I completed reviewing another ten individuals, there wasn’t much to actually update on these ten people but plenty to add to my to-do list. I will probably try to complete a similar amount this week, although I keep getting distracted. That last sentence took about twenty minutes to write as I went off and searched the 1911 census for my 2x great-aunt’s husband (and I found him!).

A conversation with my father on last Sunday started me off exploring a new branch of our family tree, and in the process solving one of my long standing queries (what happened to one of the daughters of Thomas KINGHORN?) and one of his even longer standing questions (who were the two people known to him as child as Aunt Issy and Aunt Minnie?). It turns out they were relations, but not aunts. They were the daughters of John Richard KIPPS and Isabella KINGHORN. Of course this has meant a bit more exploring down that line, which I need to finish off this week.

Then for a change I started tracing some of the KINGHORN family who had remained in Carlisle, Cumberland. I know that George KINGHORN remained in Carlisle whilst his brothers headed south to London (I am not sure what happened to his two sisters, I still need to do some work on them). I have followed one of his children in the census and need to try to do the same for his other children.

Then there was George MITCHELL. After writing the Ancestral Profile post on Monday I started thinking about him and his family. His branch of my family is probably the most awkward in my family tree. MITCHELL is quite a common surname and to make things worse his wife was Mary SMITH, if you read my post yesterday you will know that he (probably) died at a reasonably young age, leaving very few records behind. There is not a lot more I can do at the moment other than review what I already know and add some more items to my to-do list ready for a visit to West Sussex Record Office.

Unplugged: “He did not appear to be a bit worse for what he had to drink…”

4 Dec

I mentioned on my Ancestral Profile post on Monday that I thought my 4x great-grandfather George MITCHELL might have been killed in an accident on the London to Brighton Railway, well today I had chance to try and find out more with a visit to the Brighton History Centre.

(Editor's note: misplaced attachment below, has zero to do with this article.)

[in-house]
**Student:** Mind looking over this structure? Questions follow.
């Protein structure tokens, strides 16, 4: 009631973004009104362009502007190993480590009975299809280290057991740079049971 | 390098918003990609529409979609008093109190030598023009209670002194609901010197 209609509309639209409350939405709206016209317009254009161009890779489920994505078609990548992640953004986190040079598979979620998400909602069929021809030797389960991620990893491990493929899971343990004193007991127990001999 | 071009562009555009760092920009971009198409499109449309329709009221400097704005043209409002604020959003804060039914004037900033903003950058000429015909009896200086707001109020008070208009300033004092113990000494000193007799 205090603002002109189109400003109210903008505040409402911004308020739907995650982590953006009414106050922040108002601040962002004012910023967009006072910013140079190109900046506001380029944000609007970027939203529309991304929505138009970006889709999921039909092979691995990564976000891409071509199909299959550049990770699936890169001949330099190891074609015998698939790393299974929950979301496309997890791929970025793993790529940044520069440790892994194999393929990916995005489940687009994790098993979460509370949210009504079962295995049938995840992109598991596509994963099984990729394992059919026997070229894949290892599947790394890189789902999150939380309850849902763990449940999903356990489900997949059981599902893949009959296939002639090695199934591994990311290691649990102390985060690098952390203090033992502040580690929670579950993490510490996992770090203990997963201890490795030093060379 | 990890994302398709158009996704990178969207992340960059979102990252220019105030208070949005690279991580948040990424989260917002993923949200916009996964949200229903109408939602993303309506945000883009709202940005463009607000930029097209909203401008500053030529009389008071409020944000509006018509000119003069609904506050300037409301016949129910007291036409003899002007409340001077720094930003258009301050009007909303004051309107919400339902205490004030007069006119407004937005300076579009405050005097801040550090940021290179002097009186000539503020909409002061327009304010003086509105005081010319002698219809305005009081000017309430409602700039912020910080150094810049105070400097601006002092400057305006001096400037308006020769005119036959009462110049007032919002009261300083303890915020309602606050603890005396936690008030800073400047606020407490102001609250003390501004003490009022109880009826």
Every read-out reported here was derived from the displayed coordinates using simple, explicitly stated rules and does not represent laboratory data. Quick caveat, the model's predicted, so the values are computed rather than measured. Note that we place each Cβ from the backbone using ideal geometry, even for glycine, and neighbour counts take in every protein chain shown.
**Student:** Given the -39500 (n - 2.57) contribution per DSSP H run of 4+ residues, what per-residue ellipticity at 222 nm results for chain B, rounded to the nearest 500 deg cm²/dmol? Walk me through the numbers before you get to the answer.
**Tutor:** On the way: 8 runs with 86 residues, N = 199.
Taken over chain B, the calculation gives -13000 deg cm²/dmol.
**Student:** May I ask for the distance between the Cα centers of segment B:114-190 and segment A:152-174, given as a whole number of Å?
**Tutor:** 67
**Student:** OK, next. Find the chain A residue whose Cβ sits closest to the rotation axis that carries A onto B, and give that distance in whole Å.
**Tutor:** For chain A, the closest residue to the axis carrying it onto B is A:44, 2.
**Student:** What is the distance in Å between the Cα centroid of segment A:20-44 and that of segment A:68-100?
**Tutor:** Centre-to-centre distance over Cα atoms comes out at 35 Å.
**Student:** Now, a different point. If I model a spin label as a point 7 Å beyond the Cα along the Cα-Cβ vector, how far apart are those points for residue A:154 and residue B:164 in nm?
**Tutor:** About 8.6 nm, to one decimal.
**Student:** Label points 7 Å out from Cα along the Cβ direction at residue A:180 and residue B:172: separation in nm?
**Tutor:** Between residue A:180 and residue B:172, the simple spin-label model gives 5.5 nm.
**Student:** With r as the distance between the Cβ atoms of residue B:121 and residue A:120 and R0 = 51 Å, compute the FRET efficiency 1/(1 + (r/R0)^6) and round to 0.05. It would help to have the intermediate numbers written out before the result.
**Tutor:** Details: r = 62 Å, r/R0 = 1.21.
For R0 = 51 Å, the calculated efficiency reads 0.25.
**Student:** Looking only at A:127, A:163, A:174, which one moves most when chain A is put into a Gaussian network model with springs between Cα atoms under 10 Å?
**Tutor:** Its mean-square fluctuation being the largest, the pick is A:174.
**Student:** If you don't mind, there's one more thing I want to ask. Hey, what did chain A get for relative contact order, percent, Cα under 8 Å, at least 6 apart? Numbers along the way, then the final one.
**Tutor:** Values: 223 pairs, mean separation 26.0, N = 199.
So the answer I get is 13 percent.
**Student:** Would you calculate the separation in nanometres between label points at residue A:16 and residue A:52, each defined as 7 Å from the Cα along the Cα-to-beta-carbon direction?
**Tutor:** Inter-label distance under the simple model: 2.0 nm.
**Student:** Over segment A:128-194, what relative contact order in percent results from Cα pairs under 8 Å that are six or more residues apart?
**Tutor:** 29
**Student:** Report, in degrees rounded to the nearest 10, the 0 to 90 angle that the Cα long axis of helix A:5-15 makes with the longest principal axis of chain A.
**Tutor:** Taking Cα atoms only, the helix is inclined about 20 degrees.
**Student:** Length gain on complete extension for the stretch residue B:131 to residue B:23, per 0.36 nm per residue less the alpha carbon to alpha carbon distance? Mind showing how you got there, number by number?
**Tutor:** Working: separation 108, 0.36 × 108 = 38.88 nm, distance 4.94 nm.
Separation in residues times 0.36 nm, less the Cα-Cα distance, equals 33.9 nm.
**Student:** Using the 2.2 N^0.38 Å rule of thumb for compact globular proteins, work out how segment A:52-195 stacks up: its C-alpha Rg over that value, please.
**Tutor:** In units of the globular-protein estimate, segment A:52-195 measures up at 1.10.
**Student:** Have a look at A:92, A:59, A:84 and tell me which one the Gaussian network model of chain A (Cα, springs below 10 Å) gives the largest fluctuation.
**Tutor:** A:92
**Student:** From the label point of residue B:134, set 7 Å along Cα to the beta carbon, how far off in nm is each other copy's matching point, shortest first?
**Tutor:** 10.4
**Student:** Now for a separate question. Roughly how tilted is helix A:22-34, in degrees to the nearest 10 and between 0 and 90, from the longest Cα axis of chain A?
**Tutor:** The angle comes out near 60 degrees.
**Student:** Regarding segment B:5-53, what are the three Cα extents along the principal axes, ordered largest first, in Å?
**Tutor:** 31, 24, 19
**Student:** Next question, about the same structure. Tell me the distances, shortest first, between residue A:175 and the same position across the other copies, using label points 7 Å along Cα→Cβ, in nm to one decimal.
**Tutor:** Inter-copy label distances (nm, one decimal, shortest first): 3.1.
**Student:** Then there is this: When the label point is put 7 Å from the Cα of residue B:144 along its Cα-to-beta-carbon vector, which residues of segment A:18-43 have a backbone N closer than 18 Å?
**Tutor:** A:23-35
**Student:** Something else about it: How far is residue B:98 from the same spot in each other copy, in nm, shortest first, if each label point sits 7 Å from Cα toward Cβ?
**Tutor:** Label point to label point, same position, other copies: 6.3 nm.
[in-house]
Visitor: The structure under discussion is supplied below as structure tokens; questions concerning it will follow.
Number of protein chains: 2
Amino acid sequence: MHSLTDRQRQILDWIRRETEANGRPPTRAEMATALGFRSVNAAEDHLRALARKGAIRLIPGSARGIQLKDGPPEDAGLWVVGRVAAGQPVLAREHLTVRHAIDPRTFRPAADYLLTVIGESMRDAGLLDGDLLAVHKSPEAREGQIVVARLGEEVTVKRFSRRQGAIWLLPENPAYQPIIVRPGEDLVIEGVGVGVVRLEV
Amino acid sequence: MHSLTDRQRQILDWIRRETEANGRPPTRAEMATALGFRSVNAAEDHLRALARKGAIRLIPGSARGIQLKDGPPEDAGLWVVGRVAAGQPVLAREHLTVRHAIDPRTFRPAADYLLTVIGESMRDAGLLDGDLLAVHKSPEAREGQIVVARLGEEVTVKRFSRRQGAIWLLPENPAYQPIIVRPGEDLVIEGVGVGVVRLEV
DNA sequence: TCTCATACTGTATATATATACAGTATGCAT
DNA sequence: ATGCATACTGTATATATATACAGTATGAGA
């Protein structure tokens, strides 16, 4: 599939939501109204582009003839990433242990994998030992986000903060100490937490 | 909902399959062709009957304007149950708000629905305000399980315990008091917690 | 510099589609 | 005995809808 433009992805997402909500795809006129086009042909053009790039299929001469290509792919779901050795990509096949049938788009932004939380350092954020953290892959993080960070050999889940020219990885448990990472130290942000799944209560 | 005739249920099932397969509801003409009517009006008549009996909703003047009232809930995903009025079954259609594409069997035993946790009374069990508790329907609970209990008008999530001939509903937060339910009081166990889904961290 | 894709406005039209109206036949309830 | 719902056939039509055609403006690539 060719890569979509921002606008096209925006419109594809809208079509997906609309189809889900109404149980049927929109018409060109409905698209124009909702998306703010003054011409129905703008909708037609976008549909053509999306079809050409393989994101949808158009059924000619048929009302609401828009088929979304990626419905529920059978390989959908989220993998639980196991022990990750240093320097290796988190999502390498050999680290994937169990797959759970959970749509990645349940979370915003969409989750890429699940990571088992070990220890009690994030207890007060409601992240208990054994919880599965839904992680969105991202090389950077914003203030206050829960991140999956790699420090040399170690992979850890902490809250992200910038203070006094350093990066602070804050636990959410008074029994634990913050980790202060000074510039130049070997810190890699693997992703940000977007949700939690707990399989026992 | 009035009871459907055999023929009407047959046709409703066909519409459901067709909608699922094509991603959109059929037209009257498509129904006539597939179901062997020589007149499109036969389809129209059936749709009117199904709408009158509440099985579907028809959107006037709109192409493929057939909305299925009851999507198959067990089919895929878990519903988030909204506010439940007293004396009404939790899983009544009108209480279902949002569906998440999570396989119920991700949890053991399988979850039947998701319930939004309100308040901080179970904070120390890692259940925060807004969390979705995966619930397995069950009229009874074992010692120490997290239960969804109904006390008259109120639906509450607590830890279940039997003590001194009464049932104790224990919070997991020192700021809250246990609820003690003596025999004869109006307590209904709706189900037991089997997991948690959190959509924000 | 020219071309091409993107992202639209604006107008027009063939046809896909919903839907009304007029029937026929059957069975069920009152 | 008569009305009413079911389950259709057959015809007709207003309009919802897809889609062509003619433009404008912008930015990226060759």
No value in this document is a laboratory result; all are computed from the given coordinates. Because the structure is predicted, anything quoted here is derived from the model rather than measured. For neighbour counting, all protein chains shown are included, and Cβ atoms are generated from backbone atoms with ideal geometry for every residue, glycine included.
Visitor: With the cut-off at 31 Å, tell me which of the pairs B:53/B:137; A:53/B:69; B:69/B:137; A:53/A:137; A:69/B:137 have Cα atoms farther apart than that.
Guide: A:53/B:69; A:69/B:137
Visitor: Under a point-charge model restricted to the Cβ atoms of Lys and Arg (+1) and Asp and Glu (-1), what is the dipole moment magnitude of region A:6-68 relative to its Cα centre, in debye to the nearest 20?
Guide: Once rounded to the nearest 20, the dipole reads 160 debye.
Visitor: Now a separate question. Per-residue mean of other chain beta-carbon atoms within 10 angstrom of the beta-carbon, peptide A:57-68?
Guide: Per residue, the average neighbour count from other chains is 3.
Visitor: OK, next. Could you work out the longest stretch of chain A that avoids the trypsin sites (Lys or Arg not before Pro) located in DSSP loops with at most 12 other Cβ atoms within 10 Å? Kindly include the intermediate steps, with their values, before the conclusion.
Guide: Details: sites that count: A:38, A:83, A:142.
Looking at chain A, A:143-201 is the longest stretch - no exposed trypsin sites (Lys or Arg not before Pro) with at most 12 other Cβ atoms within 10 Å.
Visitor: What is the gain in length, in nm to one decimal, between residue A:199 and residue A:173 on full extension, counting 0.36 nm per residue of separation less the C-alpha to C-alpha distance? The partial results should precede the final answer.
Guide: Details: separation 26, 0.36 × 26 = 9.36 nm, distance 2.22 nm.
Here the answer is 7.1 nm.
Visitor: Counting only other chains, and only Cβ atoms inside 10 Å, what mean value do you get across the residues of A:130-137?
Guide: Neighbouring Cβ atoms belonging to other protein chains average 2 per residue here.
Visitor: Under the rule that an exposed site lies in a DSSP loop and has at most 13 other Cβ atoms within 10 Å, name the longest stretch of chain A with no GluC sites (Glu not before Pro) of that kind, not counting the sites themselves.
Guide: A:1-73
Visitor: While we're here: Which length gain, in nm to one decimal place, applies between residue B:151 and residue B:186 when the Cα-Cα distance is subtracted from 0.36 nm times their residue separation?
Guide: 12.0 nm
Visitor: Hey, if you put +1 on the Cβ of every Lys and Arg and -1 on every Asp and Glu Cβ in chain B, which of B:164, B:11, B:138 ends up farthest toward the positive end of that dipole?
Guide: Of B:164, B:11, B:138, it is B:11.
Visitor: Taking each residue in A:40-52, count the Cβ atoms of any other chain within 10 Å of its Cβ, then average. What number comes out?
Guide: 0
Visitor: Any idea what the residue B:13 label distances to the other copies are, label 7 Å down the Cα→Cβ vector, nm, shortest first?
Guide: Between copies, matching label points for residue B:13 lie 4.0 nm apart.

Once again a local newspaper has proved itself to be an invaluable source, the report below was published in the Sussex Advertiser on Tuesday 5th November 1844. As usual there is not enough detail for me to be 100% certain that this is my man, but I am pretty confident. It is another tragic story, I don’t know why my relations (or in this case a direct ancestor) seem to get themselves in the newspapers so frequently.

FATAL ACCIDENT ON THE LONDON AND BRIGHTON RAILWAY.

An inquest was held on Tuesday last, at the Station Inn Hayward’s Heath, by Alfred Gell, Esq., Deputy Coroner, on the body of George Mitchell, a labourer, on the above railway, who met his death on Saturday, the 26th, in the awful manner shown in the following evidence given at the inquest.

Robert Whaley, sworn-I am an engine driver on the London and Brighton Railway, and live at Croydon. I left Brighton on Saturday night at half-past 11 o’clock with the engine No. 70 of the London and Brighton Railway Company, and arrived at the place where the accident occurred a few minutes before 12. We were in the Folly Hill cutting in the parish of Keymer, [p]roceeding at the rate of 15 miles an hour when I felt a sudden [j]erk of the engine; I said to the fireman that was with me, w[hat] is that, he said we had run over a man, I said that can’t be, he said he was sure of it for he saw a man’s hat fly past the engine, by this time we had stopped the engine and we went back about 30 yards but I could see nothing, my mate said here he is, and I then saw the deceased lying in the ditch which carries the water off from the line; we took him out and placed him by the side of the line, and started off to Hayward’s Heath station for assistance; we then took the body back to the Station Inn; this was about quarter past 12; It was a moonlight night and I could see a long distance before me; I am sure the man was not walking on the line or I must have seen him; my opinion is that he was lying down on the line; it was on the left hand side of the line from